Before you try out soap making for the first time, it is essential to learn about the jargon of soap making first. This will make it easier for you understanding what you will be doing during the process, and it will also help you to better understand the logic behind the instructions. In this piece, some of the most common soap making terminologies will be discussed.
Terminologies Used in Soap Making
Making your own soap at home can be really fun and exciting especially when you are very particular with details. When you finally decide to try it for yourself, you will probably encounter words or phrases that you are not familiar with. Here are the most common terms that you will encounter when you read soap making recipes and instructions:
Additives are optional ingredients. They are not really mandatory in the whole soap making process but they may be added to enhance the soap. Ingredients such as oatmeal may be added for its exfoliating properties, while flower petals may be added for fragrance. These should be added to your soap recipe at a light trace.
CP stands for Cold Processing, a soap making method.
Curing is the time needed for your soap to just sit in the open for the completion of its saponification process. This allows excess water and moisture to evaporate, creating a harder bar that is milder on the skin and produces better lather.
This is the breaking down or deterioration of a substance chemically.
DOS (dreaded orange spots)
This means that you will have to reduce the amount of a particular ingredient. Most of the time, lye is discounted to make sure that it will all be used up. Discounting certain ingredients also allows the addition of excess oils and other substances (additives). Usually, discounts are shown by percentage.
EO stands for Essential Oils. These are usually extracted from plants through distillation or chemical solvents. These oils may be added to the soap recipe to create scented soaps.
Essential oils and fragrance oils have a flashpoint, or the temperature in which they begin to evaporate. Do not add oils when the temperature of the soap is higher than the oils flashpoints as it will only make the oils evaporate from the soap immediately. Generally, fragrance oils have higher flashpoints compared to essential oils.
These oils can withstand high temperatures without evaporating. Some commonly used fixed oils include palm oil, olive oil, and coconut oil.
FO stands for Fragrance Oils, and they are also known as aromatic oils. These come from the combination of synthetic aromatic chemicals and carrier oils like mineral oils or vegetable oils. Like essential oils, these are added to soap recipes to produce scented soaps.
Gel phase is a phase that occurs in the early stages of the saponification process. In this stage, the soap becomes shiny and translucent, and this usually happens within the next few hours of pouring the soap batter into molds. Not all soap batters undergo this phase.
HP stands for Hot Processing, another soap making method.
SAP value is short for Saponification Value, and it is also known as saponification number or SAP number. This is basically the amount of lye or potassium hydroxide that is needed to saponify one gram of a particular fat. Making your own soap means that you need to know the SAP values of the oils that you are planning to use to balance the amounts of oil and lye (or potassium hydroxide). Of course, the SAP values of oils will be different depending on the hydroxide that you will use, so make sure you specify if you need it for a solid (lye) or liquid soap (potassium hydroxide).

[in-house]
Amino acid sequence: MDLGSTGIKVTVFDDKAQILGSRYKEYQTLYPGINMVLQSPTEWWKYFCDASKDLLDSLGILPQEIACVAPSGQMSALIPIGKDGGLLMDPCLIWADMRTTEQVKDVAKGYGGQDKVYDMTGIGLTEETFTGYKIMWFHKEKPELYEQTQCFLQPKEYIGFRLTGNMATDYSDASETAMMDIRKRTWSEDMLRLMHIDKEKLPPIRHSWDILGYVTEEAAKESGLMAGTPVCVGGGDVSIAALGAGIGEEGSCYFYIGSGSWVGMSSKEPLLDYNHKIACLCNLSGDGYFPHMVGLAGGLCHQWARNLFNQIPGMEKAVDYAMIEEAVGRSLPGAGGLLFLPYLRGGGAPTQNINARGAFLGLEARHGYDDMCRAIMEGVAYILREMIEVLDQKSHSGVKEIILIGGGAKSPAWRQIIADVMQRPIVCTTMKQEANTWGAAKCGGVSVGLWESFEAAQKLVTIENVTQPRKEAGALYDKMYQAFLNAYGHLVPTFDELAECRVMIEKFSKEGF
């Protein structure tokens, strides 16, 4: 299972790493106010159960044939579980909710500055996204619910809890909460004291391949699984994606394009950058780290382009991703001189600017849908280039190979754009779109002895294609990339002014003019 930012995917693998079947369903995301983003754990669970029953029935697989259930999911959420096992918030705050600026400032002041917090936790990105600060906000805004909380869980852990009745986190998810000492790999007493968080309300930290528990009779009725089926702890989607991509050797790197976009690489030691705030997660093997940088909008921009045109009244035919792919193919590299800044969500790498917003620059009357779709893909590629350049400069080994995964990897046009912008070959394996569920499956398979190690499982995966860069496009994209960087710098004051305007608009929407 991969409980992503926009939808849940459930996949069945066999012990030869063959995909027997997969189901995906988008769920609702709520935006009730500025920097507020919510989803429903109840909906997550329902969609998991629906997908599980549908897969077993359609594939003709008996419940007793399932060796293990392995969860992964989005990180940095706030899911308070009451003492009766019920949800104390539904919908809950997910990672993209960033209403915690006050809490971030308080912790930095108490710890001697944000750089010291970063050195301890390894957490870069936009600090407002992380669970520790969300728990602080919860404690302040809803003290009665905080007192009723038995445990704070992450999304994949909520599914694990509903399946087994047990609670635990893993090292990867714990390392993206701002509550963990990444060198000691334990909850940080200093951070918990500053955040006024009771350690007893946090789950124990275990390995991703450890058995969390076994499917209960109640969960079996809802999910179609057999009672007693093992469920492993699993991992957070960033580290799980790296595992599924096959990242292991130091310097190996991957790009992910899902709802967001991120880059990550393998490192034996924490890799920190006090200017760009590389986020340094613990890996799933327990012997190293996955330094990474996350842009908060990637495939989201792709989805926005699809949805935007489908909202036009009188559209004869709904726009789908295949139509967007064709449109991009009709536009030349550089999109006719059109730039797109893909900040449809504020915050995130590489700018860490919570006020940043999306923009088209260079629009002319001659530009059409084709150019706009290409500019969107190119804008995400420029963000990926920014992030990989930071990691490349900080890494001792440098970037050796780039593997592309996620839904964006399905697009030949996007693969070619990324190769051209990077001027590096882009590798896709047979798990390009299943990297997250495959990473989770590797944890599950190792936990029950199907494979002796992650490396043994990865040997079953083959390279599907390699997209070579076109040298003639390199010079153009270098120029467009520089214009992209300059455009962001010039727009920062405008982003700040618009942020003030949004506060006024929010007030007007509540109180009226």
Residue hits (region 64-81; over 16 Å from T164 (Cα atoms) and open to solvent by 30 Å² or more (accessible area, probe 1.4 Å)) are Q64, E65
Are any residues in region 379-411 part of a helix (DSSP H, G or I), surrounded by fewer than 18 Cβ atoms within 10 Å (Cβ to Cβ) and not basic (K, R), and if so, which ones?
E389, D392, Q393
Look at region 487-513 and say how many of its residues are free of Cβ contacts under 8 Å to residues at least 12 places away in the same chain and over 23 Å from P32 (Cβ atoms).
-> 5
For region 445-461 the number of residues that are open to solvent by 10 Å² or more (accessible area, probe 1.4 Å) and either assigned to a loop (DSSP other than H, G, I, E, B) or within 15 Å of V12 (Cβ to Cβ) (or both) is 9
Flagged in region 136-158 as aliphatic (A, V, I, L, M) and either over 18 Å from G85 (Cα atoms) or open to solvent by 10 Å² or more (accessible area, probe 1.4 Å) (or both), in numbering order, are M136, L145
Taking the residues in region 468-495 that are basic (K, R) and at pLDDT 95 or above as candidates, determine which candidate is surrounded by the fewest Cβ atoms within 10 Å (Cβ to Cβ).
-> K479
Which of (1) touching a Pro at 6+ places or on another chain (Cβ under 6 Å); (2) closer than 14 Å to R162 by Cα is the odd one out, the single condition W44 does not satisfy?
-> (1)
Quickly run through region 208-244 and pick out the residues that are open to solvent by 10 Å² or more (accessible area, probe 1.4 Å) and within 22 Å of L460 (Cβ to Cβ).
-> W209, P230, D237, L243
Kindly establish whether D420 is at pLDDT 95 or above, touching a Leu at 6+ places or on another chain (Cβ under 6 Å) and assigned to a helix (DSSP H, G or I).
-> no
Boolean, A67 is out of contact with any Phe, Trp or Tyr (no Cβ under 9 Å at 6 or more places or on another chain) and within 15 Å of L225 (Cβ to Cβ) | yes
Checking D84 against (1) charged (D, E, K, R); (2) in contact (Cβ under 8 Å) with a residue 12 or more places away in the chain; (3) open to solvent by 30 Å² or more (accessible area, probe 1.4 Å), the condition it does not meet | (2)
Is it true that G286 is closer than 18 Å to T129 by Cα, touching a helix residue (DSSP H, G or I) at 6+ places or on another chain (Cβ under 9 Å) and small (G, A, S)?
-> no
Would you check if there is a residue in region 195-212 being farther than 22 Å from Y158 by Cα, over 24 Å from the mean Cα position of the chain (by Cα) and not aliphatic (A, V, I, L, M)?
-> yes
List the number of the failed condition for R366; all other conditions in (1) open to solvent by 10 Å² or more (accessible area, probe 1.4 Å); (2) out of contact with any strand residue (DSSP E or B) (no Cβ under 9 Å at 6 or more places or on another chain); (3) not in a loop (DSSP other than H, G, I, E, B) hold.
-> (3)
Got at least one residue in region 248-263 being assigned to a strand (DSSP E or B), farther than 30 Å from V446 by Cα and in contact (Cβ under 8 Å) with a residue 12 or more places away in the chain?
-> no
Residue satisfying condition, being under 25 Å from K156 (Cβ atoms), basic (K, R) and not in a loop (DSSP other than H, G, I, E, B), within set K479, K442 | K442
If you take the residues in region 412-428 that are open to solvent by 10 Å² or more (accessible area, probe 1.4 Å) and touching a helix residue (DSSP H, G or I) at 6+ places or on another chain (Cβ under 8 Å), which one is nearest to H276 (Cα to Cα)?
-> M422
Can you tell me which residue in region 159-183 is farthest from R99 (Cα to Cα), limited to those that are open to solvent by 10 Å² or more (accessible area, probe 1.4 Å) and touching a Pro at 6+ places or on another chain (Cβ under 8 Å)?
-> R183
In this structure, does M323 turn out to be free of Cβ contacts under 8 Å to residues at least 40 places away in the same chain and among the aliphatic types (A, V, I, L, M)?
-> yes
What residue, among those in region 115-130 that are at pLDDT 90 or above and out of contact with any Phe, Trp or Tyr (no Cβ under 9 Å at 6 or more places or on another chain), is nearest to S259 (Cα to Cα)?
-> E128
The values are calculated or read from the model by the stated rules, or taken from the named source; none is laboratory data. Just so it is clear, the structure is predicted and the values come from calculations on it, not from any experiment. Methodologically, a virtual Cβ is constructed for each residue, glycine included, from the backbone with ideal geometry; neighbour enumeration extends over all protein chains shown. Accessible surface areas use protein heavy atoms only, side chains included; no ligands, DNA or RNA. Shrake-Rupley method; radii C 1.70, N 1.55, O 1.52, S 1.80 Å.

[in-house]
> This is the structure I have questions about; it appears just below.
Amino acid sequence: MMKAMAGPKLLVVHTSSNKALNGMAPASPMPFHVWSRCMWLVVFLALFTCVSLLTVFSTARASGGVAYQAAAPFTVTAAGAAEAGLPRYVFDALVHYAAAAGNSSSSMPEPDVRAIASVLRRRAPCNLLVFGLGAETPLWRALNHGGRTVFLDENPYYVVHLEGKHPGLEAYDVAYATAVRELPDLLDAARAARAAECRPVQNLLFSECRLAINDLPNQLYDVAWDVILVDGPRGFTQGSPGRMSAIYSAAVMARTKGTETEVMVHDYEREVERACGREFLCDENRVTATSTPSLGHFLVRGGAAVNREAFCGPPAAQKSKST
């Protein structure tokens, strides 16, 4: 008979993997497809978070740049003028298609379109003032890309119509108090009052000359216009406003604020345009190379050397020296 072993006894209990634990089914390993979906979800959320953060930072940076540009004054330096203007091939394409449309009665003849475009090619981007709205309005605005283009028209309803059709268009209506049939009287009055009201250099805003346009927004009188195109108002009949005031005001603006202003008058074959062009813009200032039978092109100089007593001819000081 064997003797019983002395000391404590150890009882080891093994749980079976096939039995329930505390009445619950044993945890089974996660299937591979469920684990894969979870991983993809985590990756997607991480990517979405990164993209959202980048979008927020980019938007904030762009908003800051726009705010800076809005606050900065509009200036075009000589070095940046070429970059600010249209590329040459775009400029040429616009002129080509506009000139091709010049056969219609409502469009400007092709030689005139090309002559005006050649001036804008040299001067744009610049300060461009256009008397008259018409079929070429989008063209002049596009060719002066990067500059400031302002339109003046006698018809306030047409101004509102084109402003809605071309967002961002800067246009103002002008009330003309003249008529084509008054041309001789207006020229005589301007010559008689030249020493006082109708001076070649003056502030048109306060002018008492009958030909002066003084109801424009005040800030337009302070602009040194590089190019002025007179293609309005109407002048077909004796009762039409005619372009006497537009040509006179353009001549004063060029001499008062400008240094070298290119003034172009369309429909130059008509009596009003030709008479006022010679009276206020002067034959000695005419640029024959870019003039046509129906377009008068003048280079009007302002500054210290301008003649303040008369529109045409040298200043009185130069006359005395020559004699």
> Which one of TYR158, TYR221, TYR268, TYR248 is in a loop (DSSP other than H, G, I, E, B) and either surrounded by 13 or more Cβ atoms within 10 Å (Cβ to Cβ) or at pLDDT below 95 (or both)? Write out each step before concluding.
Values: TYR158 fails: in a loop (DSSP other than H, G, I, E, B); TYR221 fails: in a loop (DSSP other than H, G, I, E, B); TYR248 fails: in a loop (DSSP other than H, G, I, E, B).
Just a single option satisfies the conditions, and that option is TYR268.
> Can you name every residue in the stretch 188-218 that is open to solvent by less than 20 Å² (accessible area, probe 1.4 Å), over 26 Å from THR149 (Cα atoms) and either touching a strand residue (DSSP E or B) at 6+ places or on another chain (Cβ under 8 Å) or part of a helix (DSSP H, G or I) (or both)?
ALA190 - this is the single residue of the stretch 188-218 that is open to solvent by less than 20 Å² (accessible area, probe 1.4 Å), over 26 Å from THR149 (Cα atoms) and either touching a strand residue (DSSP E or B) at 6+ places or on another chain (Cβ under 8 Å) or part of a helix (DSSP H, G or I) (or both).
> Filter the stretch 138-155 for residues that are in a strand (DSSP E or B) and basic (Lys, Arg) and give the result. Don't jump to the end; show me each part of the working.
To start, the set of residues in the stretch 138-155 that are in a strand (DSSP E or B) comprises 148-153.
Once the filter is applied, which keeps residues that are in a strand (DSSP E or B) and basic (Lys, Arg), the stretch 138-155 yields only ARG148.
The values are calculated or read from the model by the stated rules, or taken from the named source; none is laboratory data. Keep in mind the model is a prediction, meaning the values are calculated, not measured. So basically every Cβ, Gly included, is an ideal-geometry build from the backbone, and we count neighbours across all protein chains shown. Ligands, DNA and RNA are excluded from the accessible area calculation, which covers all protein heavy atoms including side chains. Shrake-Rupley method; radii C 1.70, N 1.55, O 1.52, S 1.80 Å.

Saponification is a chemical process that occurs when an alkaline base such as lye (sodium hydroxide) or potassium hydroxide reacts with oils and fatty acids to produce soap.
Seizing is an indication that something went wrong during the soap making process. This happens when the soap consistency starts out as a smooth liquid and then becomes very thick and nearly solid like cookie dough. It can be because of the addition of fragrance oils, temperature or ingredient issues, or the problem could be the batter itself.
This is the length of time that a commodity may be stored without becoming unfit for use, consumption, or sale. In other words, it might refer to whether a commodity should no longer be on a pantry shelf (unfit for use), or just no longer on a supermarket shelf (unfit for sale, but not yet unfit for use).
In order to use up all the lye, sometimes you will need to add more oils to the soap. This is what is known as superfatting, and it has two purposes. First, it allows you to have a margin of error in the amount of lye you put in your soap, making sure that all the lye will be saponified. This reduces the dangers of lye burning you. Second, this produces soap that is moisture-rich, as the extra oils serve as skin moisturizers. It is worth noting that many soap recipes would suggest superfatting when a lye discount of 3% to 8% has been applied. Be sure that you don’t put too much oil as it can create a rather unpleasant and greasy soap.
The trace is the beginning stage of saponification. This is the stage when the chemical reactions between lye and oils have started, and they can no longer be separated. The soap batter starts out as thin and creamy, which later on becomes thicker as you stir the mixture. You will know that your soap batter is at this stage when you drip a little liquid soap onto the mixture, and the drizzle lines will stay for a while before it fully melts.
Volcano effect happens when you pour water to lye as you make lye-water solutions. This is because as water is added to lye, pressure tends to build in the bottom lye layers until it ruptures the upper lye layers, causing the solution to spray up like a volcano. To avoid this, NEVER add water to lye; add lye to water instead.